There is festivity in the air, fragrance of flowers, everyone is with friends and family, and shops are enticing us with offers on electronics, clothes—you name it! It can only be Onam time in Kerala, South India. But not just Kerala, Malayalis around the world celebrate with great enthusiasm and nostalgia what is their biggest festival—Onam.
Legend has it that Mahabali was Kerala’s most popular king. During his time, people prospered and everybody had a good job, nice house and money to spare. But Mahabali had a huge ego. The Gods decided to bring him down a notch or two, and banished him to the dark worlds. His good deeds, however, got him one concession: that he’d be able to come back to Kerala every year to check on his beloved people. Mahabali’s homecoming is Onam.
Five things Keralite men do during Onam:
Pookkalam: A floral carpet—literally—similar to the Rangoli of North India. All homes are decorated with pookkalam. Designs are as intricate as anyone could devise. They are then filled with blossoms and petals of different flowers. Colourful and ornate, this is an artists’s delight.
Onam Sadhya: Sadhya or feast is a complete vegetarian meal. It’s also the most balanced of Indian foods. Sadhya is served on a banana or plantain leaf and consists of at least 26 dishes, both savoury and sweet. Delicious!
Boat Race: Vallamkali or Snake Boat race is synonymous with Onam. About 100 men row huge and graceful traditional boats through beautiful lakes that shimmer as the boats charge furiously to the finish. Malayalis in Singapore also organise a similar boat race during Onam on Jurong Lake.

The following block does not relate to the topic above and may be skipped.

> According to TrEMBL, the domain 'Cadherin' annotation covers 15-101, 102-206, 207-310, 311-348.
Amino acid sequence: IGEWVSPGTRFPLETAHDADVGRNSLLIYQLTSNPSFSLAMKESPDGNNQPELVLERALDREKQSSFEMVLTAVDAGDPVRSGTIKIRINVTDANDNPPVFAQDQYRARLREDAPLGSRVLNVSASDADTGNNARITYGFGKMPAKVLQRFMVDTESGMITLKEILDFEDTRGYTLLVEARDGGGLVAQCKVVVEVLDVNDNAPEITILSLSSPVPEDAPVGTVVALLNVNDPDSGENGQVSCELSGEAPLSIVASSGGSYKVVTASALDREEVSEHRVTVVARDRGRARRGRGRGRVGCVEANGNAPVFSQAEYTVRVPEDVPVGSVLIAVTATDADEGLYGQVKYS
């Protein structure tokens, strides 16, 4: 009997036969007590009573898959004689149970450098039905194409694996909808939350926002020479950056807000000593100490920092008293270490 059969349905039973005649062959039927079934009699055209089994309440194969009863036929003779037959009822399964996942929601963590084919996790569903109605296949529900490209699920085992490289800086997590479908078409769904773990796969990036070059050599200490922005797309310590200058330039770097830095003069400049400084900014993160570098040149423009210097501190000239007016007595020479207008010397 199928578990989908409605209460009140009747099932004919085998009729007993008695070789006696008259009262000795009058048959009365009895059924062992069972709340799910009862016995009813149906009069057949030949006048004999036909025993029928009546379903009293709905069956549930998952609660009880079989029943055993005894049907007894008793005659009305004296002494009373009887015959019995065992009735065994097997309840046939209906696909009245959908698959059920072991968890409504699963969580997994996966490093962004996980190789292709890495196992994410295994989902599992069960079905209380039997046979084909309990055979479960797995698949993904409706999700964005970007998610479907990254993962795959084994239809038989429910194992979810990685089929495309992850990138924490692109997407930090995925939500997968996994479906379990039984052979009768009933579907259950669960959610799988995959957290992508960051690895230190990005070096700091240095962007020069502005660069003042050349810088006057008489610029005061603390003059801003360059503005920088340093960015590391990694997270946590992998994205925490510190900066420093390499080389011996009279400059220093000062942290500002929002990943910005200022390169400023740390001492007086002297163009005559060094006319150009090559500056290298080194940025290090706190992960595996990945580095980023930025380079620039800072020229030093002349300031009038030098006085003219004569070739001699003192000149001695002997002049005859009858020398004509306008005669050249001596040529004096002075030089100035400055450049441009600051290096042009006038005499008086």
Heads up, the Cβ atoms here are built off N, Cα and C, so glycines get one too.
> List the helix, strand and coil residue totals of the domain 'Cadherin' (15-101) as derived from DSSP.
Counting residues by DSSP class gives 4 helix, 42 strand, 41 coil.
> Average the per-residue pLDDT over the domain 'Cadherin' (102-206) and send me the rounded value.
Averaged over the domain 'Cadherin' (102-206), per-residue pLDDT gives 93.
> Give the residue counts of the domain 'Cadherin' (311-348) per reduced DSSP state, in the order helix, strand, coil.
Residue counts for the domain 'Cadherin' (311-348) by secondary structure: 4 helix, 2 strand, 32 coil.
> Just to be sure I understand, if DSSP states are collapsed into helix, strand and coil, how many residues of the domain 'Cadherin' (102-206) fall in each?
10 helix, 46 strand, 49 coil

Traditional clothes: No matter where in the world Malayali men are, it is customary to celebrate Onam in traditional clothes. They wear a mundu (similar to a sarong) with shirts, while women wear the Kerala sari. This is the most graceful of all attires—off-white simplicity blended with festive golden prints at the edges. Women also wear fragrant jasmine flowers in their hair and a lot of gold!
Watching Kathakali: Arundhati Roy once said that “the Kathakali man is the most beautiful of men. His body is his soul”. This art form is a must-watch during Onam. The cymbals and drums add to the festivities. The Malayali community in the UAE, Singapore and the USA organises elaborate Kathakali performances to mark Onam.
MODERN DAY RELEVANCE:
During King Mahabali’s time, everyone was equal; there was no theft or deceit. People were joyful and Kerala was a casteless place. In this context, Onam is as relevant today as it has ever been. Despite widespread commercialisation of this annual festival, it serves as a time for introspection into one’s own and our society’s core values, morals and aspirations. Onam is perhaps the most secular of all Indian festivals and ought to continue as a unifying celebration in an otherwise fractured and divided world.
In a society driven by consumerism, technology, and self-serving capitalistic goals, Onam is a reminder of the need to balance our lives with more selfless and altruistic acts. It’s also when we should find time for family and friends, in keeping with tradition. On a wider note, Onam is a time to reminisce and savour the nostalgia of simple and sincere memories of childhood and youth. It calls on us to dream of an equal world that once was and still could be.
Photo: Kerala Tourism